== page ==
Previously believed to be a manuscript of the sixteenth-century Anghiarese engineer Girolamo Magi (Anghiari, c. 1523 – Costantinopoli, 1572), it has now been rightly traced back to Sanmarino (Lamberini, 2007). It is one of the only two remaining versions of the treatise, which Magi received as a gift in 1556 from the Marquis Anton Maria Bourbon of Monte Santa Maria Tiberina, “who in turn had received it from Pierfrancesco Schianteschi, Count of Montedoglio”. This same Count of Montedoglio had participated, together with Sanmarino, in the military campaign instigated by Duke Cosimo I de’ Medici against Siena and the most accredited hypothesis is that the Count may have received it directly from the hands of the unfortunate engineer and captain who died of his wounds produced by an arquebusade during the siege of the small but well-equipped fortress of Aiola (near Castelnuovo Berardenga) in 1554. In fact Belluzzi (Sanmarino) had been given the command of a company of sappers, with the task of positioning the artillery, constructing the protections (the so called “gabions”) and laying trenches and mines to bring down the fortress. The work of drafting the treatise had to be interrupted due to his military “great effort”, which he carried out with great sacrifice and loyalty to the Duke, from whom he repeatedly asked in vain for the “license” or title of Field Engineer.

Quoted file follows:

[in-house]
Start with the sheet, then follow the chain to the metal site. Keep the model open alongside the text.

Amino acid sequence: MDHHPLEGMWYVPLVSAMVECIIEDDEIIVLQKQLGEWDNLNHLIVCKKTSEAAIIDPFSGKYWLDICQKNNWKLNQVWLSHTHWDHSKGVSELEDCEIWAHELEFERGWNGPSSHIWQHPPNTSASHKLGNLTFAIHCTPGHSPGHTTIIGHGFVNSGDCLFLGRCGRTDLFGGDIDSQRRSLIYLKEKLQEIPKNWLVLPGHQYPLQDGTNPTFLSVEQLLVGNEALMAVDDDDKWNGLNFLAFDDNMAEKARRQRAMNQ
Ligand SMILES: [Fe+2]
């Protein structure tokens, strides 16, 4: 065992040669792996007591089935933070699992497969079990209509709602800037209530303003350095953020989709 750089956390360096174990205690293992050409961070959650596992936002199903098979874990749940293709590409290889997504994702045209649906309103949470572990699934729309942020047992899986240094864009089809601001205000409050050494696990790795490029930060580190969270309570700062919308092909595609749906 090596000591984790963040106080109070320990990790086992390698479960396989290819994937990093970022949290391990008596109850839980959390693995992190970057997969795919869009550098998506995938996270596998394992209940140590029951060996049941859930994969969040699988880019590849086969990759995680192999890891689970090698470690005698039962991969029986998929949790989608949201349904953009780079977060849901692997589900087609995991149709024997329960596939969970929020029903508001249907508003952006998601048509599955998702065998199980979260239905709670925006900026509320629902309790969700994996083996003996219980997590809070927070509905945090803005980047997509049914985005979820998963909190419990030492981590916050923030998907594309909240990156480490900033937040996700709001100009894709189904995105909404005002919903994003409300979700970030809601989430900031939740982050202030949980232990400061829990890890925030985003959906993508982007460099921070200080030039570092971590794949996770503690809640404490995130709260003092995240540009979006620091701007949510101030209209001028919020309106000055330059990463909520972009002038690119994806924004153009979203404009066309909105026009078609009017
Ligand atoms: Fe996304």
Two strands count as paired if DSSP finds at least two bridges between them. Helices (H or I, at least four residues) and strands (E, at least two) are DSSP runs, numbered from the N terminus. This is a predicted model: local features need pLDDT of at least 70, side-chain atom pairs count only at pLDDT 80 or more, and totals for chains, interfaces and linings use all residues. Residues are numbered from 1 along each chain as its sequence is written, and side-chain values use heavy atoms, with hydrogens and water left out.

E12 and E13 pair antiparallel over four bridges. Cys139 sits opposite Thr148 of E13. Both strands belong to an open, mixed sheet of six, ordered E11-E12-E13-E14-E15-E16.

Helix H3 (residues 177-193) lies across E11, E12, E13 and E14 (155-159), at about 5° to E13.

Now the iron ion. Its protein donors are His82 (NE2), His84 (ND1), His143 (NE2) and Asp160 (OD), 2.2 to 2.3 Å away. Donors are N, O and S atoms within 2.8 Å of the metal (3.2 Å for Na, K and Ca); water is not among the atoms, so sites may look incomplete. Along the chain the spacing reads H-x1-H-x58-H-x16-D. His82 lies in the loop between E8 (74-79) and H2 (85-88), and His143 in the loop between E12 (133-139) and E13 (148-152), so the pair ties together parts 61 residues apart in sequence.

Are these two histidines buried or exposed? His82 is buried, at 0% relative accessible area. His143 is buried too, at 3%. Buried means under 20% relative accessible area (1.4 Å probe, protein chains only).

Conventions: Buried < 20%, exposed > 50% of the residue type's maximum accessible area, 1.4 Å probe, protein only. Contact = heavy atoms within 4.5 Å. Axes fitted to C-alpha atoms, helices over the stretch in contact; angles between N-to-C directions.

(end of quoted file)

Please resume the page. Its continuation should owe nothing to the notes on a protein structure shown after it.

Giovan Battista Belluzzi known as il Sanmarino
(San Marino, 1506 - San Polo in Chianti, 1554)
Book of Fortifications, Sieges and defences of Towns
first half sixteenth century
Archivio Storico Comunale di Anghiari f.1624
Currently on the display in the exhibition “The civilization of weapons and the Courts of the Renaissance”.